Why Would A Grandmother Become a Foster Parent of her Grandchild?


Monarch Family Services has been licensing kinship (relative) families for foster to reunification, foster to adopt, foster to permanency managing conservatorship, and straight adopt for the past eight years. We have been able to provide resources and permanency for hundreds of families.

Despite all the great work I question why a grandmother would want to be a foster or adoptive parent to their grandchild. Currently, the reason is to have access to funding that has an eligibility requirement for the home to be licensed just as an unrelated foster or adopting caregiver. Less than 30% of relative caregivers that qualify to participate in the home licensing process complete it. The remaining opt out of participating in the home licensing process for various reasons but mostly because it adds more stress to an already complex situation. In many cases these family members have been providing care for the child(ren) for many months/years only to be faced with more obstacles to receive funding and support. Also, there is the “adoption” portion that is confusing to the family. Why must a grandmother adopt their grandchild to solidify the parent-child relationship? The existing process is disruptive, nonsensical, and injects a chaotic process into a family unit that is desperate for stability.  The essential components of a family-centered Kinship Guardianship Program are yet to be determined; however, consider the following a blueprint based on the hundreds of kinship families we have served.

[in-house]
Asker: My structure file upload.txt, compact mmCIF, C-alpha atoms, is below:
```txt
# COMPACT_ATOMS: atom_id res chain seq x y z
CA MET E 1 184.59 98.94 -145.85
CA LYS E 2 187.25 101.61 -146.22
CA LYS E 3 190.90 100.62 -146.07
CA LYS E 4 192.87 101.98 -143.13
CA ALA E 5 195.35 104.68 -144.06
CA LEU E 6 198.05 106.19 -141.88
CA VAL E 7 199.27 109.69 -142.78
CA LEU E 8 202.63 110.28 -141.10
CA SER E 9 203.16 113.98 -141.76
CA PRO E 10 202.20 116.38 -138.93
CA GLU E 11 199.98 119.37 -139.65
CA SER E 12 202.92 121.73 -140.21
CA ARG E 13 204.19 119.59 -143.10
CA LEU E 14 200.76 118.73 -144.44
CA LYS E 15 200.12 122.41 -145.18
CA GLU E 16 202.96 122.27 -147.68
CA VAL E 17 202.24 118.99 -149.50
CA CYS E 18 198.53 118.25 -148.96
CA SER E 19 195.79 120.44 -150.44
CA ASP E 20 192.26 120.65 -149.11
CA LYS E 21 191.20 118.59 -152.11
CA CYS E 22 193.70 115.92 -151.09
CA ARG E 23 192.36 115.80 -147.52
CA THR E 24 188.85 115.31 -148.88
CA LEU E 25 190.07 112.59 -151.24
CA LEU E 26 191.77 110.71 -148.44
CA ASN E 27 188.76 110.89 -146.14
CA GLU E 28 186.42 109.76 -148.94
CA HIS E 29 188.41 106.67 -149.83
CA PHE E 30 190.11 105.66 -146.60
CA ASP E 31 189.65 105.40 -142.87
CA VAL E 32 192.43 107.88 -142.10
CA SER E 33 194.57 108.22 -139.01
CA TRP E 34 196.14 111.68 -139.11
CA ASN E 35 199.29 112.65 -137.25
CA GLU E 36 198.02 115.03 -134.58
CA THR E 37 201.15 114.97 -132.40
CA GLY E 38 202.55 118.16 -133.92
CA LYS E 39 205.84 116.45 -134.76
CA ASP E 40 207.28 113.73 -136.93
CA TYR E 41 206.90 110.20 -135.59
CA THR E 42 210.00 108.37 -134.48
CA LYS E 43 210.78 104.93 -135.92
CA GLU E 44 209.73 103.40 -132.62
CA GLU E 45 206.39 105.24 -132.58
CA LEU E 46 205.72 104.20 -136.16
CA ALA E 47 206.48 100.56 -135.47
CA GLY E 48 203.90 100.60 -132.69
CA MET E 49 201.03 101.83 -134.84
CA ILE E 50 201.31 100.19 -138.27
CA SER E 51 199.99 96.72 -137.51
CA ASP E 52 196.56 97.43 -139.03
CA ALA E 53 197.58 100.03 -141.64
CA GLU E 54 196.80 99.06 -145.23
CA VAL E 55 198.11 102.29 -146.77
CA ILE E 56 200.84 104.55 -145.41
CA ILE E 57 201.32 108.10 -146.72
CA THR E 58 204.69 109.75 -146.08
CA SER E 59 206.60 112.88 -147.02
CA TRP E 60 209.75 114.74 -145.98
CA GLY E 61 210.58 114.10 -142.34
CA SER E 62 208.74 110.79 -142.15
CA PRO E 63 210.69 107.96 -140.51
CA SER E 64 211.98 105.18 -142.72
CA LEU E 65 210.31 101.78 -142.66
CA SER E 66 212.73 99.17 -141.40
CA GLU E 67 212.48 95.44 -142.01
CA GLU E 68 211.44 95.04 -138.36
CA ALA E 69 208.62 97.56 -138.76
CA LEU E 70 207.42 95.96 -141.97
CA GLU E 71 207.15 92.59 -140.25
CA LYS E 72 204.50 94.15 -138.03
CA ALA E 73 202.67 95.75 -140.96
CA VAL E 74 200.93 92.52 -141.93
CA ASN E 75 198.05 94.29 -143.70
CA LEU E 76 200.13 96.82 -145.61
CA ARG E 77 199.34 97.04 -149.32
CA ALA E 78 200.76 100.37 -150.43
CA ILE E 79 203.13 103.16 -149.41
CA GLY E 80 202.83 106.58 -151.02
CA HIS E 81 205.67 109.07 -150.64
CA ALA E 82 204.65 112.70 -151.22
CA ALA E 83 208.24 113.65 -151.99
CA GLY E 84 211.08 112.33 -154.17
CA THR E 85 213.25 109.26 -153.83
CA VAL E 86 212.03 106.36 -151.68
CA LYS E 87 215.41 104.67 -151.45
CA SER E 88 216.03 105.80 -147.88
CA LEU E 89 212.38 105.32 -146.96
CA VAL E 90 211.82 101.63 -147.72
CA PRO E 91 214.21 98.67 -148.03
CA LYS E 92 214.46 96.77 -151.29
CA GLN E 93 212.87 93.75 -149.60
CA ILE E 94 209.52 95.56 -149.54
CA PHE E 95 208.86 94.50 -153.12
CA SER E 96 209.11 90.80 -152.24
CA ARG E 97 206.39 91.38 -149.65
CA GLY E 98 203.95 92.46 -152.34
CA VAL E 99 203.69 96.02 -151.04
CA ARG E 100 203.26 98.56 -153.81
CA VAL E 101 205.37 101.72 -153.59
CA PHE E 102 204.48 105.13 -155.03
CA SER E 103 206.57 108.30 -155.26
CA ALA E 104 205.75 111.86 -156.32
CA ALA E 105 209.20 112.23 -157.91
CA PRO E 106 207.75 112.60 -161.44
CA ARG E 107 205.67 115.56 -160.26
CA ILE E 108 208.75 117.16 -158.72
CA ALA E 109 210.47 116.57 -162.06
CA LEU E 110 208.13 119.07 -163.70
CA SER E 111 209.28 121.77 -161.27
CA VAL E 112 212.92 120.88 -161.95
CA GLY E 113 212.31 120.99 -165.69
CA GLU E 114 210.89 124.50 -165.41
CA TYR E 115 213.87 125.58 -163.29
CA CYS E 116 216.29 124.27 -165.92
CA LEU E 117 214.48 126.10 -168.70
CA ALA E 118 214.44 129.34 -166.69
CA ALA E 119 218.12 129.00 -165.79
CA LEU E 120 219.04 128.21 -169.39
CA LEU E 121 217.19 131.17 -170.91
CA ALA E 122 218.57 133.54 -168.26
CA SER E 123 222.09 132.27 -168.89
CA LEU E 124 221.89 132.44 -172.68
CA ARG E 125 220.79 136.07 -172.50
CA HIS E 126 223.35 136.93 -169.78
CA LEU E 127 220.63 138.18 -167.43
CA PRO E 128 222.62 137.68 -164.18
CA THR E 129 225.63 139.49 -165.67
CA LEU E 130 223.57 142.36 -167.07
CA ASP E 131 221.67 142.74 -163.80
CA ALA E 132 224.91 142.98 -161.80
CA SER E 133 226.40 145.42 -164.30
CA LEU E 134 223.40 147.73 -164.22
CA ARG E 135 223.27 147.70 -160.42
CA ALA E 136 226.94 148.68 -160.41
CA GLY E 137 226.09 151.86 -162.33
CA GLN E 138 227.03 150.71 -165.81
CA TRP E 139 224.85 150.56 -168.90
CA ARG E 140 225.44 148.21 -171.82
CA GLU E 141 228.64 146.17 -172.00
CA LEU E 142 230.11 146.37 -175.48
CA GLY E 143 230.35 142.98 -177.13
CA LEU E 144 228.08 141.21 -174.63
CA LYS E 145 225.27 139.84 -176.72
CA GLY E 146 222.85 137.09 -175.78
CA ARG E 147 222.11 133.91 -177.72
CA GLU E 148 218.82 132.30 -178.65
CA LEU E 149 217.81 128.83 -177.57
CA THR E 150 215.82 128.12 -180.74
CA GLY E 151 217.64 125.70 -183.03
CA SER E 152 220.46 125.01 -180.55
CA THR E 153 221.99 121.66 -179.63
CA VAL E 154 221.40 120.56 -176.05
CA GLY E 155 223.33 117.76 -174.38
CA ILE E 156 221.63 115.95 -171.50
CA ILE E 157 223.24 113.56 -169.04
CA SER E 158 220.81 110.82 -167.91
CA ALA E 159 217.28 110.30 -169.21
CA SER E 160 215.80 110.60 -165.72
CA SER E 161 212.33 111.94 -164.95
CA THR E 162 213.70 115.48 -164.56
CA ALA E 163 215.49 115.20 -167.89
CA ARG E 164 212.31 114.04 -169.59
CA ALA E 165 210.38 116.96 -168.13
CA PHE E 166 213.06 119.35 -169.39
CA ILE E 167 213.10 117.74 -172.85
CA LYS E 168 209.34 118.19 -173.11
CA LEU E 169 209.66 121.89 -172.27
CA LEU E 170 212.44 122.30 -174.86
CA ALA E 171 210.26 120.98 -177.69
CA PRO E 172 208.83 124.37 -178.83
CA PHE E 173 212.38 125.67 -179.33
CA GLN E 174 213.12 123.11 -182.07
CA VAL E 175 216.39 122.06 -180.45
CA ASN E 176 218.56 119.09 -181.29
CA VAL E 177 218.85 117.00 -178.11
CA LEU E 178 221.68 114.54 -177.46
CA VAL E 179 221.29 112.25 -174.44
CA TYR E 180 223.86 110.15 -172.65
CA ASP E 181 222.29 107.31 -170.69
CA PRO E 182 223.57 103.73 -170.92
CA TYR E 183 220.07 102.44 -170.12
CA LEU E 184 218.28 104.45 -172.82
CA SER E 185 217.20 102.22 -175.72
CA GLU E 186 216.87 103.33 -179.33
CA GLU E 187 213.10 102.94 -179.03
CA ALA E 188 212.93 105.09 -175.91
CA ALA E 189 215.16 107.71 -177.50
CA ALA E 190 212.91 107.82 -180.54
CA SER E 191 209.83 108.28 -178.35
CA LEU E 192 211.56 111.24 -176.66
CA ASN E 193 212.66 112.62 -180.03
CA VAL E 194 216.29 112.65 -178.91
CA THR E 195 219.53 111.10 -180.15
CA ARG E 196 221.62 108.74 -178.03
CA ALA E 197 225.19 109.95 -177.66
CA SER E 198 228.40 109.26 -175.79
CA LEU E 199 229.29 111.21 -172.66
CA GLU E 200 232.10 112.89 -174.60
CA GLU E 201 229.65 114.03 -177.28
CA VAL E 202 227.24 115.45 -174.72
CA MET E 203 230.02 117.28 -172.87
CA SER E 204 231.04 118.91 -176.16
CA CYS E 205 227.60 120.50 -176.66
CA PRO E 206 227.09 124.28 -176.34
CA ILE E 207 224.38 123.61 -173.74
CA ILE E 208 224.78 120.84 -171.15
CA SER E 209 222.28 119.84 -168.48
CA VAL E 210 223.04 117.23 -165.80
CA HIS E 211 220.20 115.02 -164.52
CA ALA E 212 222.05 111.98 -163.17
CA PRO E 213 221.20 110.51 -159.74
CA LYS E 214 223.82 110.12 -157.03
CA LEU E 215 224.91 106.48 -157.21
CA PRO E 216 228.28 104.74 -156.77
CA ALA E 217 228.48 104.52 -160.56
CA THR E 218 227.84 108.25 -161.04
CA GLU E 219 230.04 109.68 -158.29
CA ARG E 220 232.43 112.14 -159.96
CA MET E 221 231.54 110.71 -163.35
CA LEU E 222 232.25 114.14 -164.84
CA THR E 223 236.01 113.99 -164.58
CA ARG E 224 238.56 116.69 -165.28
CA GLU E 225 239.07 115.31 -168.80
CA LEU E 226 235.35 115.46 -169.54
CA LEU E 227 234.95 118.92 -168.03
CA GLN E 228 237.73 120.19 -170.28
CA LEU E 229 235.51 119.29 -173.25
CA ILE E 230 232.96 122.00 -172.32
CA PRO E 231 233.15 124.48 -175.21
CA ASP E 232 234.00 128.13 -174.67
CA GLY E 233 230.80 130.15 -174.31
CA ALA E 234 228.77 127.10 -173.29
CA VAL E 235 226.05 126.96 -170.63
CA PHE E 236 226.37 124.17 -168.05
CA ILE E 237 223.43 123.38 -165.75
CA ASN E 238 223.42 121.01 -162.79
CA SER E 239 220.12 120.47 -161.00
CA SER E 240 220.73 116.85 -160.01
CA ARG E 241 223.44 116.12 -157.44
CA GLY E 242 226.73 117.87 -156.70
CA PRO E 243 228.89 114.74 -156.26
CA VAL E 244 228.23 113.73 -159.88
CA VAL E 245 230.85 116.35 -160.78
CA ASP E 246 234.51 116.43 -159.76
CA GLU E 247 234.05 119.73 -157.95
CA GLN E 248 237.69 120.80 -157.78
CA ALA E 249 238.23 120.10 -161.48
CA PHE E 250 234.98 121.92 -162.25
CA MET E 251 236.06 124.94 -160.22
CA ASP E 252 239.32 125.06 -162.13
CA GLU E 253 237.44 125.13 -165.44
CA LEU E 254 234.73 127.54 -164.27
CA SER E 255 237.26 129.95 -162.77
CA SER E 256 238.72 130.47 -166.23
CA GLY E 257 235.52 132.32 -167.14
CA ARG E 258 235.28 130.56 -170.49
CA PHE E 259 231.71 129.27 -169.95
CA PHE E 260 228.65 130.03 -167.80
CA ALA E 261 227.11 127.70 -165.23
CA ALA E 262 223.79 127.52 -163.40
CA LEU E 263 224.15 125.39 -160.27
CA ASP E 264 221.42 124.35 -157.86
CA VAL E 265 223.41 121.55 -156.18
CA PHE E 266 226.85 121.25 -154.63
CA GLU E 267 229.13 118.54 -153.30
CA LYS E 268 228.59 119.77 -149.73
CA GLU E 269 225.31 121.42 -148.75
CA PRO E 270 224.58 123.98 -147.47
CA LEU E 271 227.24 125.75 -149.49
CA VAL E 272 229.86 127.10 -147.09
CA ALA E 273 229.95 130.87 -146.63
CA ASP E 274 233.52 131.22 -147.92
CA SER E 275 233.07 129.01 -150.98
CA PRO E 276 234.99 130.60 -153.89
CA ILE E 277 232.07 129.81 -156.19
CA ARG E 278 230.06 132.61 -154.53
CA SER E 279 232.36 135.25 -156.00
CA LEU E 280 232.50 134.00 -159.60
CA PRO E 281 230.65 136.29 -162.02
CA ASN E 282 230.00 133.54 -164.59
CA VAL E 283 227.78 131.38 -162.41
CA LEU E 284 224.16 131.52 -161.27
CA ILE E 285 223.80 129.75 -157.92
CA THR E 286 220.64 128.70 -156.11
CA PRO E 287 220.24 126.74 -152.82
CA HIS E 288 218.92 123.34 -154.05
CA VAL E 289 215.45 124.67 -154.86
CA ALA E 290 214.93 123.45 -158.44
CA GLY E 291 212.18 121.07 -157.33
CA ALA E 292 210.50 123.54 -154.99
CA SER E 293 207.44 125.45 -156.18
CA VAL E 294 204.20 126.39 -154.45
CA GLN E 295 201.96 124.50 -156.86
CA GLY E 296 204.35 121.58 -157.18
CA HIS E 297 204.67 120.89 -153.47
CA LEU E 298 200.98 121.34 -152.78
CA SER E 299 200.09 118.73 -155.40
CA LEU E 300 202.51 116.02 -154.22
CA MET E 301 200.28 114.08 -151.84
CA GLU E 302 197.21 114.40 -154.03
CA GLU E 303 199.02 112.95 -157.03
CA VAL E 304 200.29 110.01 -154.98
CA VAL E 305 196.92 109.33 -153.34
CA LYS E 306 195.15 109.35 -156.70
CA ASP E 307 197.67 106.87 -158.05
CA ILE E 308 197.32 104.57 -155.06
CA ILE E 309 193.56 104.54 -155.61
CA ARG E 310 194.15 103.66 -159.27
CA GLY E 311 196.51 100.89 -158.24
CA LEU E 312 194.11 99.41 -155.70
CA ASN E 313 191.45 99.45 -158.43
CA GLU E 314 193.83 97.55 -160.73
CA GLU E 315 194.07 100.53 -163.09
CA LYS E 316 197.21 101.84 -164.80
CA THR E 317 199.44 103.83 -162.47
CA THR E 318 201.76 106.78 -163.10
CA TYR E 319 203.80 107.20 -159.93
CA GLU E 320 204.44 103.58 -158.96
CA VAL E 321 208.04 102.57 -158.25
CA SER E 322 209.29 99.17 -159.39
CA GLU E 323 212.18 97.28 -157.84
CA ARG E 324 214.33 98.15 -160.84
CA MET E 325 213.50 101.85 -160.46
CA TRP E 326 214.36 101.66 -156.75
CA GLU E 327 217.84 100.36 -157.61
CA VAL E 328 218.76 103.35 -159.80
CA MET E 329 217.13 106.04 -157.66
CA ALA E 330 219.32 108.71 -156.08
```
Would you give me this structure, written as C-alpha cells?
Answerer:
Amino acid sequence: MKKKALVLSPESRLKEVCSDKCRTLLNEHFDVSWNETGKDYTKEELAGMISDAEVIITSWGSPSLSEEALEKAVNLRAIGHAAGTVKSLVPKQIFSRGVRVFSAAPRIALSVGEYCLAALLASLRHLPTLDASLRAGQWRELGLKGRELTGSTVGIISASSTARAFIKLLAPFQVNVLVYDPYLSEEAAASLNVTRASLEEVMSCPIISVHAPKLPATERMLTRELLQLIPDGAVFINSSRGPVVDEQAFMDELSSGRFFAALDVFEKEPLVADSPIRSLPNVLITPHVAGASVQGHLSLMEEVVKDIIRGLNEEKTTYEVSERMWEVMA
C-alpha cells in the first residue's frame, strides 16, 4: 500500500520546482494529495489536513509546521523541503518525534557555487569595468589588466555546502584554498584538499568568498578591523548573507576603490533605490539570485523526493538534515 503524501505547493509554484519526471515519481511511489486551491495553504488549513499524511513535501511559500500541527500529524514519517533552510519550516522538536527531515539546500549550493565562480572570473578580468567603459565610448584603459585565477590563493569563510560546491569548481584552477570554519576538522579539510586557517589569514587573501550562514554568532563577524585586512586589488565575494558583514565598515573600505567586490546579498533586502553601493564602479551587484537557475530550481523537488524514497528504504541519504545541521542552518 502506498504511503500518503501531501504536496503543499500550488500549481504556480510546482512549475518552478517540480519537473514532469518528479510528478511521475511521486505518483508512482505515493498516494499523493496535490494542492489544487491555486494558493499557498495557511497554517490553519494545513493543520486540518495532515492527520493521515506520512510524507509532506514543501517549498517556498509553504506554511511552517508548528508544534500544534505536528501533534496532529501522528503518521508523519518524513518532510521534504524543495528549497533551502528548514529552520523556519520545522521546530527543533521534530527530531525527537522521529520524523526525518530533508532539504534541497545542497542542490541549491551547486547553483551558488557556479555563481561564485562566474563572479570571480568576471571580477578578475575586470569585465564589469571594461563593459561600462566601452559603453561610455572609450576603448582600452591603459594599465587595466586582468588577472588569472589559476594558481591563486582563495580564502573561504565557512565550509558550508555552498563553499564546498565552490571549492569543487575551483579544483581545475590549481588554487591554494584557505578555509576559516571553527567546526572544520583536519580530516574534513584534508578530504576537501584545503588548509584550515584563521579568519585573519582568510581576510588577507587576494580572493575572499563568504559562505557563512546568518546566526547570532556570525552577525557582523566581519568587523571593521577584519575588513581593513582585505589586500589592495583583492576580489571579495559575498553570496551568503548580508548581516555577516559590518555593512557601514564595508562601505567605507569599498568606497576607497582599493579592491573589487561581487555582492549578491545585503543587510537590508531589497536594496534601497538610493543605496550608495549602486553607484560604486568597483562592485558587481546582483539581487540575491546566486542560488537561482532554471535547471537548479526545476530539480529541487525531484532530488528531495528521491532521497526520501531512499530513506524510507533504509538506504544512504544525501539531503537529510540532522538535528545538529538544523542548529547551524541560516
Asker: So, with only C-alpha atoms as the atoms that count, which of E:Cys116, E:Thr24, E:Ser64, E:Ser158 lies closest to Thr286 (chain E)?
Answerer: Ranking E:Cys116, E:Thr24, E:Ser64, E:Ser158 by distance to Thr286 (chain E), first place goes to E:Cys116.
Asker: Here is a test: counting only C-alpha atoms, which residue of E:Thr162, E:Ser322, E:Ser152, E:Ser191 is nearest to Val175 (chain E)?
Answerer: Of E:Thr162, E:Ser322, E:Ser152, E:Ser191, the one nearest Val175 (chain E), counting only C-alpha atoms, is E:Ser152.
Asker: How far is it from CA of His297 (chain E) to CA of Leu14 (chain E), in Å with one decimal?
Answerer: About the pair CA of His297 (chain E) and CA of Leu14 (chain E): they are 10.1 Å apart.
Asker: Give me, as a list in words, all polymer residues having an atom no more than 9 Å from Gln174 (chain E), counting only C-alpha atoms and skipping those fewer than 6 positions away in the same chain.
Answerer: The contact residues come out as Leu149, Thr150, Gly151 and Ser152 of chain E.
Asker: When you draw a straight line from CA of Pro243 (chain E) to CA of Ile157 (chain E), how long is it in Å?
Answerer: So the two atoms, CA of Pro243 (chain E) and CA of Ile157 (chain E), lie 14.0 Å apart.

Title IV-E eligibility states that a “relative and unrelated caregiver home must be licensed as a foster family home for Title IV-E funding to be paid.” So essentially, a grandmother that has cared for their grandchild for months/years will have to meet foster care licensing requirements to qualify for financial assistance and support. Redesign of a federal fund model for a Kinship Guardianship Program would start with modifying the Title IV-E Eligibility Requirements for kinship families within the fifth degree (i.e.., Great-Great-Great Grandfather/Grandmother) of relationship.  There have been proposals suggesting that kinship funds should be separated from Title IV-E completely and create specific federal requirements for kinship families to receive financial support from the government. Currently, a widely discussed requirement for foster care/adoption licensing for kinship families is background checks. Relatives that have a criminal history of child abuse or neglect, spousal abuse, crime against a child, violent crime, or conviction in the past five years are ineligible and cannot be considered under Title IV-E. In some cases, this could potentially eliminate a suitable caregiver and result in a child having to enter foster care with an unrelated family.  Criminal history should be evaluated on a case-by-case basis. If the offense is more than 10 years old and the caregiver has not had any further criminal involvement, maintained stable income/employment, and is assessed as capable of providing a healthy home environment for a child(ren), then a Risk Assessment should be conducted to predict the probability of future crimes. If minimal to no risk is determined, then the potential relative placement should be regarded as suitable. There are home licensing training requirements mandated by the States for caregivers. Relative caregivers that are currently caring for the child(ren) should not be required to complete preservice training.  Relative caregiver surveys have revealed that the training topics found most helpful include trauma intervention and behavior management. These trainings and others applicable to relative caregiving can be offered by the child placing agency as guidance and education to assist in the continuing care of the child(ren); however, receiving government funding and support should not be contingent on completion of a formal preservice training program.